A few years ago, I put together a talk to give to a science club here at OWU offering my answer to the question, “Why study plants?” I organized my ideas around the concepts of plants being beautiful, interesting, important, and useful. I still think these are useful categories to address the original question. But over the last several years, I have become increasingly convinced that the latter two reasons have grown in stature in my thinking at least, if not in actual stature with respect to the problems facing humanity.
My conviction on this point has crystallized recently as I read two separate, totally unrelated articles. I’ll discuss one of them today, and the other some other day.
In his annual letter on the activities of his foundation, Bill Gates articulates the need for more investment in crop research:
Over time, governments in both developed and developing countries focused less on agriculture. Agricultural aid fell from 17 percent of all aid from rich countries in 1987 to just 4 percent in 2006. In the past 10 years, the demand for food has gone up because of population growth and economic development—as people get richer, they tend to eat more meat, which indirectly raises demand for grain. Supply growth has not kept up, leading to higher prices.
He goes on to argue, among other things, that we place ourselves at risk by ignoring the need for agricultural improvement. Plants are sitting ducks for pathogens, and Gates points out the nasty wheat rust known as Ug99 as an example of the kind of threat posed to crops grown in monoculture. With this fungal pathogen, it is not a matter of if it will affect North American wheat production, just when.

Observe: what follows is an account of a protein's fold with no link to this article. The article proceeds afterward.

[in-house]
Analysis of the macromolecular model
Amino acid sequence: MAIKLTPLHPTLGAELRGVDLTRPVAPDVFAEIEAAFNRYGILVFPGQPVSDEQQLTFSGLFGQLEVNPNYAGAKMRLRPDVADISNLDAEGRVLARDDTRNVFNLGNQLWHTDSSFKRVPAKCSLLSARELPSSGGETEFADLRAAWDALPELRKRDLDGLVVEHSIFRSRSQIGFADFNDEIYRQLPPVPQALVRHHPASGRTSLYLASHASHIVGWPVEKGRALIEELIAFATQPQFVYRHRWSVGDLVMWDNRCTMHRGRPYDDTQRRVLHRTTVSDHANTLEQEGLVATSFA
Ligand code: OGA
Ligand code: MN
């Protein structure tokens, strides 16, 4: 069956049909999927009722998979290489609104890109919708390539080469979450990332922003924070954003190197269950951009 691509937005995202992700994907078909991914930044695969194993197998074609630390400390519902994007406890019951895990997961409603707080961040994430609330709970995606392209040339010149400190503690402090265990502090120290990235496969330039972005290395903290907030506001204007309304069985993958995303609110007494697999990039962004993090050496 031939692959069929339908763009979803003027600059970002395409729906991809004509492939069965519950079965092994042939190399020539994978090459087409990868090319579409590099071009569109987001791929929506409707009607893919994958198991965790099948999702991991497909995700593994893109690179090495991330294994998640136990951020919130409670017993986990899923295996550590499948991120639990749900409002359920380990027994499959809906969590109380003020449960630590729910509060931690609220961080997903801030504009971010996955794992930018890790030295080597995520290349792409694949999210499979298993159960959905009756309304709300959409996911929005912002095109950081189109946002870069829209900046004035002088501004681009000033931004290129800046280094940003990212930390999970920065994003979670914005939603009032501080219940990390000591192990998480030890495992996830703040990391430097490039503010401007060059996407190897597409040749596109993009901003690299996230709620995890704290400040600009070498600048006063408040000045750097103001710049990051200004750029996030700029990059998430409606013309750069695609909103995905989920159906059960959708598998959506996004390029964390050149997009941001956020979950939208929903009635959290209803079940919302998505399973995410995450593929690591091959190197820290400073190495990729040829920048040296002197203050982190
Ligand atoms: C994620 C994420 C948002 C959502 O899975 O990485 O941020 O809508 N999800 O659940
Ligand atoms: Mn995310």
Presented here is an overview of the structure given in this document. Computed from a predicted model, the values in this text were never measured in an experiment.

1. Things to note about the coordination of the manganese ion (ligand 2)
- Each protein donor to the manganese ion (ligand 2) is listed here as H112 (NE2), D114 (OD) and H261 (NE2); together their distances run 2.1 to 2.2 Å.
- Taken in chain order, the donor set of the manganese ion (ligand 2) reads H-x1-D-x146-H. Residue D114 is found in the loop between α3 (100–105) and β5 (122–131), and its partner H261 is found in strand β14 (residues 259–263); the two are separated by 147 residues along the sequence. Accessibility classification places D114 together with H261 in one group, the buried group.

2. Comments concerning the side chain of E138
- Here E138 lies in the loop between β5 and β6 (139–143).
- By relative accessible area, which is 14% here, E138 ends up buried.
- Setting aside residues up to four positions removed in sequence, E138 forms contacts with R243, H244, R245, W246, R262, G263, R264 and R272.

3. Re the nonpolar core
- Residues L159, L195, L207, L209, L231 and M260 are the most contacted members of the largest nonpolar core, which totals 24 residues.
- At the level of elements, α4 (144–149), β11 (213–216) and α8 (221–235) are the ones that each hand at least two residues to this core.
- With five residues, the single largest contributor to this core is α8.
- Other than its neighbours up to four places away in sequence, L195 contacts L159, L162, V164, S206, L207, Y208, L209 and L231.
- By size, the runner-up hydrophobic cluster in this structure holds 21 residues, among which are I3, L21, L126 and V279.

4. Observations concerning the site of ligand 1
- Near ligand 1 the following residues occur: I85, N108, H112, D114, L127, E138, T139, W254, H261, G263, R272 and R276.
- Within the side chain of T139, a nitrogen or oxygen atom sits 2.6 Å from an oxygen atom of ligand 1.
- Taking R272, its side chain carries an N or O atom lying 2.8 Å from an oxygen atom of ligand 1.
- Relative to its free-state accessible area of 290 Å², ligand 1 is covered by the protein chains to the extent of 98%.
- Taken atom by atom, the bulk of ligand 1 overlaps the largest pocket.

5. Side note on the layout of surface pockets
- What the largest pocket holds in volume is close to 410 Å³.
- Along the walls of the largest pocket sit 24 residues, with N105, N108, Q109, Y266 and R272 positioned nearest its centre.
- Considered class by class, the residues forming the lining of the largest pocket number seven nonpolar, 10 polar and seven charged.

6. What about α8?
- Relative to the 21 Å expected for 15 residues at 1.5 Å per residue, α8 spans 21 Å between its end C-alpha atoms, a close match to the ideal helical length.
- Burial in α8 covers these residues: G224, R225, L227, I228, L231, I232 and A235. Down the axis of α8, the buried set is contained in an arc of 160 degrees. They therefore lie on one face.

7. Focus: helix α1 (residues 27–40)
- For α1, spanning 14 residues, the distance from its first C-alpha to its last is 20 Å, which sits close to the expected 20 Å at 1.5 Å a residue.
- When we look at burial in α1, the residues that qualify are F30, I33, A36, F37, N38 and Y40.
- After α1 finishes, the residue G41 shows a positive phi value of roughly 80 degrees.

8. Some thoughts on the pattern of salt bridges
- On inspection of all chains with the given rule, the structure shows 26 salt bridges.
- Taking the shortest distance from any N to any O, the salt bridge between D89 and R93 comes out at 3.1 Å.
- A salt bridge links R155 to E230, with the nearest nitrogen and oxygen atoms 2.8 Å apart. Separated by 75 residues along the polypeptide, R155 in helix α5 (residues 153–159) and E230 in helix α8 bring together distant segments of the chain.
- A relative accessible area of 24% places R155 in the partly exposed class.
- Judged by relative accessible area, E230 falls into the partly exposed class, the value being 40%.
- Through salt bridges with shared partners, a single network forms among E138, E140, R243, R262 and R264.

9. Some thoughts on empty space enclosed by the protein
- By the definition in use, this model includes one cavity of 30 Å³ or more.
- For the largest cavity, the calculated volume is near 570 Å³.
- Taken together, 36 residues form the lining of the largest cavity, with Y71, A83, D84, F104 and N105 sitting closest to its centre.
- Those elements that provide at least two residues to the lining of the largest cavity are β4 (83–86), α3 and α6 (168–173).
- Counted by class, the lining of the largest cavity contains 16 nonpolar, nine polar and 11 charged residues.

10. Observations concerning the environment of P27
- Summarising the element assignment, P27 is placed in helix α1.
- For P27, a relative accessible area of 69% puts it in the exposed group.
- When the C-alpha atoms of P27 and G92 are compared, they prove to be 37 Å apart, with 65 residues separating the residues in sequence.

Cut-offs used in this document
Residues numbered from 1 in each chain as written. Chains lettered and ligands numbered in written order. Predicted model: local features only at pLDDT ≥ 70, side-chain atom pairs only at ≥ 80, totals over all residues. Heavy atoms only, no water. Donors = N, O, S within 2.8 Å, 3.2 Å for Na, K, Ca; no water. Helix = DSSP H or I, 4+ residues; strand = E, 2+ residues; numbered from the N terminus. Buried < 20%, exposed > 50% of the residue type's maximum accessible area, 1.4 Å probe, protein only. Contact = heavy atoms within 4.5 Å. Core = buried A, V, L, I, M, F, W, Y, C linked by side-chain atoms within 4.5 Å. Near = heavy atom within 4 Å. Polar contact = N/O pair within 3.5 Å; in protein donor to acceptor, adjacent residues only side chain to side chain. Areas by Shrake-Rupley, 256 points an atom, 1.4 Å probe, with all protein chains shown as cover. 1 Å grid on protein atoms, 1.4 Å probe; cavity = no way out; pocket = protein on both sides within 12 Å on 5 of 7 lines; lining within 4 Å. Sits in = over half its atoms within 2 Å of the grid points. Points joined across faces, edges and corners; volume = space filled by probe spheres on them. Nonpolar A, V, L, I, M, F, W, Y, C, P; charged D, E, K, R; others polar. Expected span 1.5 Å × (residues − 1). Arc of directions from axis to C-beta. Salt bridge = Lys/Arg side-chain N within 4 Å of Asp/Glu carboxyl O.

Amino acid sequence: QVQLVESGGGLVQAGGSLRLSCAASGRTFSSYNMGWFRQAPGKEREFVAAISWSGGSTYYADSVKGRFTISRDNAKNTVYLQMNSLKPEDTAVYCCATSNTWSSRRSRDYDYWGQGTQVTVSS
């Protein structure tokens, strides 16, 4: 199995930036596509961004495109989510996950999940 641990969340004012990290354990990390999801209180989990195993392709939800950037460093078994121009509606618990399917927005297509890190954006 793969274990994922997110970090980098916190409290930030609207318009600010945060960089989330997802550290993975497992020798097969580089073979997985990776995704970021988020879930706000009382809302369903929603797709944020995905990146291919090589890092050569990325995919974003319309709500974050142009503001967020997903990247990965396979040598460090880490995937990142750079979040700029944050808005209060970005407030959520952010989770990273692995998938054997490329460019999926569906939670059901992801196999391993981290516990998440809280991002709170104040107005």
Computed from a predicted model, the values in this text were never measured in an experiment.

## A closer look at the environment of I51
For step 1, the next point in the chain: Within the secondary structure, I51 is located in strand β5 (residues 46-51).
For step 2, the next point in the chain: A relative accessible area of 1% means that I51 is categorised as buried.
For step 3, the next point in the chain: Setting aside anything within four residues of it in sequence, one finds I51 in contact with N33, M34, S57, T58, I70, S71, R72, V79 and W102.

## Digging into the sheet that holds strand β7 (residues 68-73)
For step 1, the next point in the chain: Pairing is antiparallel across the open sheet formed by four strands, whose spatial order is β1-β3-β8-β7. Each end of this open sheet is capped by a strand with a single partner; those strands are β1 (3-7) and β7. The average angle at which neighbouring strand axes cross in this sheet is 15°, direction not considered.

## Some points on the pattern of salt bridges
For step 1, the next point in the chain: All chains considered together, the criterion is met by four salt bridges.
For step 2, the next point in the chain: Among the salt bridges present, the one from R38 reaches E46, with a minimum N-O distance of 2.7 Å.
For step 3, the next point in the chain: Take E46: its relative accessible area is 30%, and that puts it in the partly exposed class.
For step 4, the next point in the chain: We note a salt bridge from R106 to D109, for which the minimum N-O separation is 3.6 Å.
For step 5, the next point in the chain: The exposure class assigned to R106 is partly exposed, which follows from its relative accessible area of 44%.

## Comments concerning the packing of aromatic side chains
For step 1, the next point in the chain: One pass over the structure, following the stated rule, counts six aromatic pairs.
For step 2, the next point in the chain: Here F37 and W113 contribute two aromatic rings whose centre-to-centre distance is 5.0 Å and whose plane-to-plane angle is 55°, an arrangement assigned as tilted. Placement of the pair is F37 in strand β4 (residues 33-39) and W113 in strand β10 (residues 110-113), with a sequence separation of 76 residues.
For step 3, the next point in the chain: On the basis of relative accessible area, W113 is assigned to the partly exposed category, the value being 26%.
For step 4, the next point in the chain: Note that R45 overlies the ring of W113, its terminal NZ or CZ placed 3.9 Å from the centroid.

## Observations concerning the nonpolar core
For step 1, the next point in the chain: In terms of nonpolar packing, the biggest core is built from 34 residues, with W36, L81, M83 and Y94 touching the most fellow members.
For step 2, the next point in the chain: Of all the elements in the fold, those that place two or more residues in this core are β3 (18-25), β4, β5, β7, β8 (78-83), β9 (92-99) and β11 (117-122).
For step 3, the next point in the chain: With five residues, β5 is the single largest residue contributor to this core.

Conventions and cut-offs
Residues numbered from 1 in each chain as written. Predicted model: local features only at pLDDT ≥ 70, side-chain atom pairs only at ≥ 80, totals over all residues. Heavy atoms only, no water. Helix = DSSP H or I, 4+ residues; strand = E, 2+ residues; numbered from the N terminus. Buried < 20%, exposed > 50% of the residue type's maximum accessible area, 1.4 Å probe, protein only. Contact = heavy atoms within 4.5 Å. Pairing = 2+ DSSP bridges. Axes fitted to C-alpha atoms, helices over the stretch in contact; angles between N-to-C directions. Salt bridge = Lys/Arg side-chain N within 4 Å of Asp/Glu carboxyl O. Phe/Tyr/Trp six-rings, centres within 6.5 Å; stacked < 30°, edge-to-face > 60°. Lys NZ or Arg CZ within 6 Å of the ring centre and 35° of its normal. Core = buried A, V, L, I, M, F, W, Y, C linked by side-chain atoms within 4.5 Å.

In a place like the U.S., we’ve enjoyed the luxury of taking food for granted for so long, we can hardly imagine the impact that a crop failure would have on our economy. We assume that the yearly corn harvest, the crop that undergirds most of our food economy, will maintain low prices at the grocery — Gates points out that a mere 15% of our consumer spending goes toward food — and allow us to spend our paychecks on more scintillating purchases like
iPads XBoxes (sorry Mr. Gates). Without sustained efforts to outrun pests and pathogens that attack crop plants, we are almost guaranteeing a major crop failure some day.
But there is another wrinkle to funding as it currently stands, and that is that by leaving half ($1.2 of $3.0 bil) of agricultural spending on the most important crops up to the private sector, we almost guarantee that crop improvements will be directed at wealthy, developed nations and pass over the poor, developing nations. Individuals and families will remain in poverty, scraping out subsistence yields with no surplus for the market, and no opportunity to join the global economy, largely because they lack the stability of predictable crop yields that only comes from research investment. In other words, this discussion quickly incorporates issues of social justice and the fight to end extreme poverty.
So this is one prong of an argument to invest in plant science research, either financially (if you are a billionaire) or with your time and talent. If you are interested in a career in research and have a desire to do good in the world, becoming a plant scientist is a path worth exploring. But this is not the only reason, there are several other great reasons to explore this field that I’ll talk about some other day.